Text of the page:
West and East Village, Chelsea, Soho, Noho, Little Italy, Chinatown and Lower East Side, Since 1933
Volume 77, Number 20 | October 17 - 23, 2007

The Lower East Side Traditions and Transitions
A special Villager supplement

Haunted house frightfully popular

By Lisa Lacy

Anyone who doesn’t like clowns, mummies or tight spaces would be advised to stay away from the Clemente Soto Velez Center until early November.

That’s because an annual Halloween event is drawing thousands of brave souls to the Lower East Side cultural center named after the Puerto Rican poet at 107 Suffolk St. at Rivington St.

An interactive theater troupe, Psycho Clan, is using the entire former school building’s first floor — that’s 23 rooms — to do everything it can to strike fear into the hearts of New Yorkersa in what it bills as “New York’s most horrifying haunted house.”

This marks the third haunted house for Luis Cancel, C.S.V.’s executive director.

An artist by training, Cancel has an upcoming Soho art gallery show. He studied painting and printmaking at the Pratt Institute and now does digital art. He also hosts “Loisaida Cultural Wire” on East Village Radio on Mondays, interviewing local artists, and plays Latin, jazz and salsa music. He has also headed up numerous nonprofit and public agencies.

Cancel says Psycho Clan, headed by Timothy Haskell, had worked with C.S.V. before and were looking for an adaptable space when they first brought the haunted house to C.S.V. four years ago.

After attracting 35,000 people last year, they have added far more rooms this year in the 2007 version, “Nightmare: Ghost Stories.”

According to Haskell’s blog, as of last Monday, attendance was up two and a half times over 2006.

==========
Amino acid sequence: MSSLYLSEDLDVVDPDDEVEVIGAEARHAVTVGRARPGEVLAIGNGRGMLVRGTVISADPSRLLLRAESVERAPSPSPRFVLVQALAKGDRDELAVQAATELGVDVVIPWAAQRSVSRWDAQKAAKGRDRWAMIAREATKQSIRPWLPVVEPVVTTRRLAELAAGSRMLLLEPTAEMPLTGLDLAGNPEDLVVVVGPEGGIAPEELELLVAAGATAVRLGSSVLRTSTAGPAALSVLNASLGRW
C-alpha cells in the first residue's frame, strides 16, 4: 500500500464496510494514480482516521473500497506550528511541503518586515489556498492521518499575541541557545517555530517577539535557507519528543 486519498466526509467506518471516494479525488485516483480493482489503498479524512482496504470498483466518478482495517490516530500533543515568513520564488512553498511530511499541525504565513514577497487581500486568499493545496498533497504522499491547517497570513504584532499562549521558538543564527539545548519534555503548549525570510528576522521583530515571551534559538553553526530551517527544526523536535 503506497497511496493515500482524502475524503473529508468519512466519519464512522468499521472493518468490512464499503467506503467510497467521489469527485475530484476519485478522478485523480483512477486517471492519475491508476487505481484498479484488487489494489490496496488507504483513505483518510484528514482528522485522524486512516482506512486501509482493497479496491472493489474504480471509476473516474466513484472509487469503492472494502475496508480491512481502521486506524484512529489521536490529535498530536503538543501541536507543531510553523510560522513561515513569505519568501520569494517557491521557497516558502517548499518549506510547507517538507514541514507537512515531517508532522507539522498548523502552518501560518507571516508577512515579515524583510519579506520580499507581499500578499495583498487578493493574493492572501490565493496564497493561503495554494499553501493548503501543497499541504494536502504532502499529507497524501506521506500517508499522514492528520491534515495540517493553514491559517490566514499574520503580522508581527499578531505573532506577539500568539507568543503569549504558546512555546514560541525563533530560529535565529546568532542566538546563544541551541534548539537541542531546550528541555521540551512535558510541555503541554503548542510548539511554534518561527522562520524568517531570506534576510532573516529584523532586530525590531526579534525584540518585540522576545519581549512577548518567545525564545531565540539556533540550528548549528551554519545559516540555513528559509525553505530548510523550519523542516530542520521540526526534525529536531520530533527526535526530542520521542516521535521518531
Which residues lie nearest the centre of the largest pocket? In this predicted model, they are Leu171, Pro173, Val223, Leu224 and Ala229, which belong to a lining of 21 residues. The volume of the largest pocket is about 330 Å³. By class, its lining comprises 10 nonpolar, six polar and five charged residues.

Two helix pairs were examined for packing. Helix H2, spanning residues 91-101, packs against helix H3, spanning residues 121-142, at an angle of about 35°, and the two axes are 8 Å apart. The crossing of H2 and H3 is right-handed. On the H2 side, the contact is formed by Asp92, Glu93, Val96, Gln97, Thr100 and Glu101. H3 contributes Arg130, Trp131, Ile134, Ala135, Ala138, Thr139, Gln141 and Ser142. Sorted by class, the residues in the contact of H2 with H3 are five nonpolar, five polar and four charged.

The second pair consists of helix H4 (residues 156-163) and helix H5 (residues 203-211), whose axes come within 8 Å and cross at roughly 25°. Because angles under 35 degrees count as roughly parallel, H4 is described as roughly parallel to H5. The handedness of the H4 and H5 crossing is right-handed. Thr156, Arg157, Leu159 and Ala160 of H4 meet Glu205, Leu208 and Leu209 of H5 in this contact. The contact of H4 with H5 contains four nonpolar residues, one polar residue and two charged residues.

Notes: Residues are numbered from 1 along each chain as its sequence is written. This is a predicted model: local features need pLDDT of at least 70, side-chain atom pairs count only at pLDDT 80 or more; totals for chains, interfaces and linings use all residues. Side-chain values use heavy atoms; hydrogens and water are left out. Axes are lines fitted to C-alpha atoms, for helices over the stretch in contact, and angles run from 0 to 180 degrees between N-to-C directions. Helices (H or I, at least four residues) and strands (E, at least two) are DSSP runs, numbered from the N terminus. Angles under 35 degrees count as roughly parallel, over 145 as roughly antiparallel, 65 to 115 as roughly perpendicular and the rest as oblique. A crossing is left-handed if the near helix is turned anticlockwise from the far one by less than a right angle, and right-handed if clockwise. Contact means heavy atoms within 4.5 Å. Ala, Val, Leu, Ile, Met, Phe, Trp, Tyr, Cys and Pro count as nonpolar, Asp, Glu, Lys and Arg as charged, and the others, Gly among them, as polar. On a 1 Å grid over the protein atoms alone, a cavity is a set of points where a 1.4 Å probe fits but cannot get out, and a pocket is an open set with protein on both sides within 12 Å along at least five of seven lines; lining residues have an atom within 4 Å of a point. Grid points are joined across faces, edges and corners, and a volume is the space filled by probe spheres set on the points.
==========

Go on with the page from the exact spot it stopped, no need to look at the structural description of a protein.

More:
Cancel says the themes of each room are derived from responses to a poll of greatest fears. That includes being trapped on a bed and unable to move while your mouth fills with cloth. But there is also plenty of traditional guts and gore and good old claustrophobia and suspense.

Sometimes the haunted house is perhaps a little too scary, as one of the actors recently got hurt when a visitor reacted badly, Cancel says. In order to prevent such occurrences, there are a number of fire exits along the way should anyone want to call it quits.

There’s also plenty of Heartland Brewery’s Smiling Pumpkin Ale to calm the nerves of those waiting in line.

New this year is a maze with frightening characters at every turn — clowns included. Jasmine Rosario, C.S.V. acting facilities manager, says clowns figured high on the list of biggest fears. She herself has done the maze several times and even though she saw the production team set it up and she’d met the actors, she says she still screamed a lot.

As Cancel explains it, there is some distance when you are at the movies, but this haunted house is very much an interactive experience.

This is one of C.S.V.’s most popular events of the year and marks the beginning of a busy season until May.

C.S.V.’s current repertoire also includes a children’s puppet theater; a performance project called Cobu, which combines Japanese taiko drumming and American tap dancing; and a photography exhibition, “From Manhattan to Oaxaca: Recent Photography,” consisting of work by Francisco Alvarado-Juárez.

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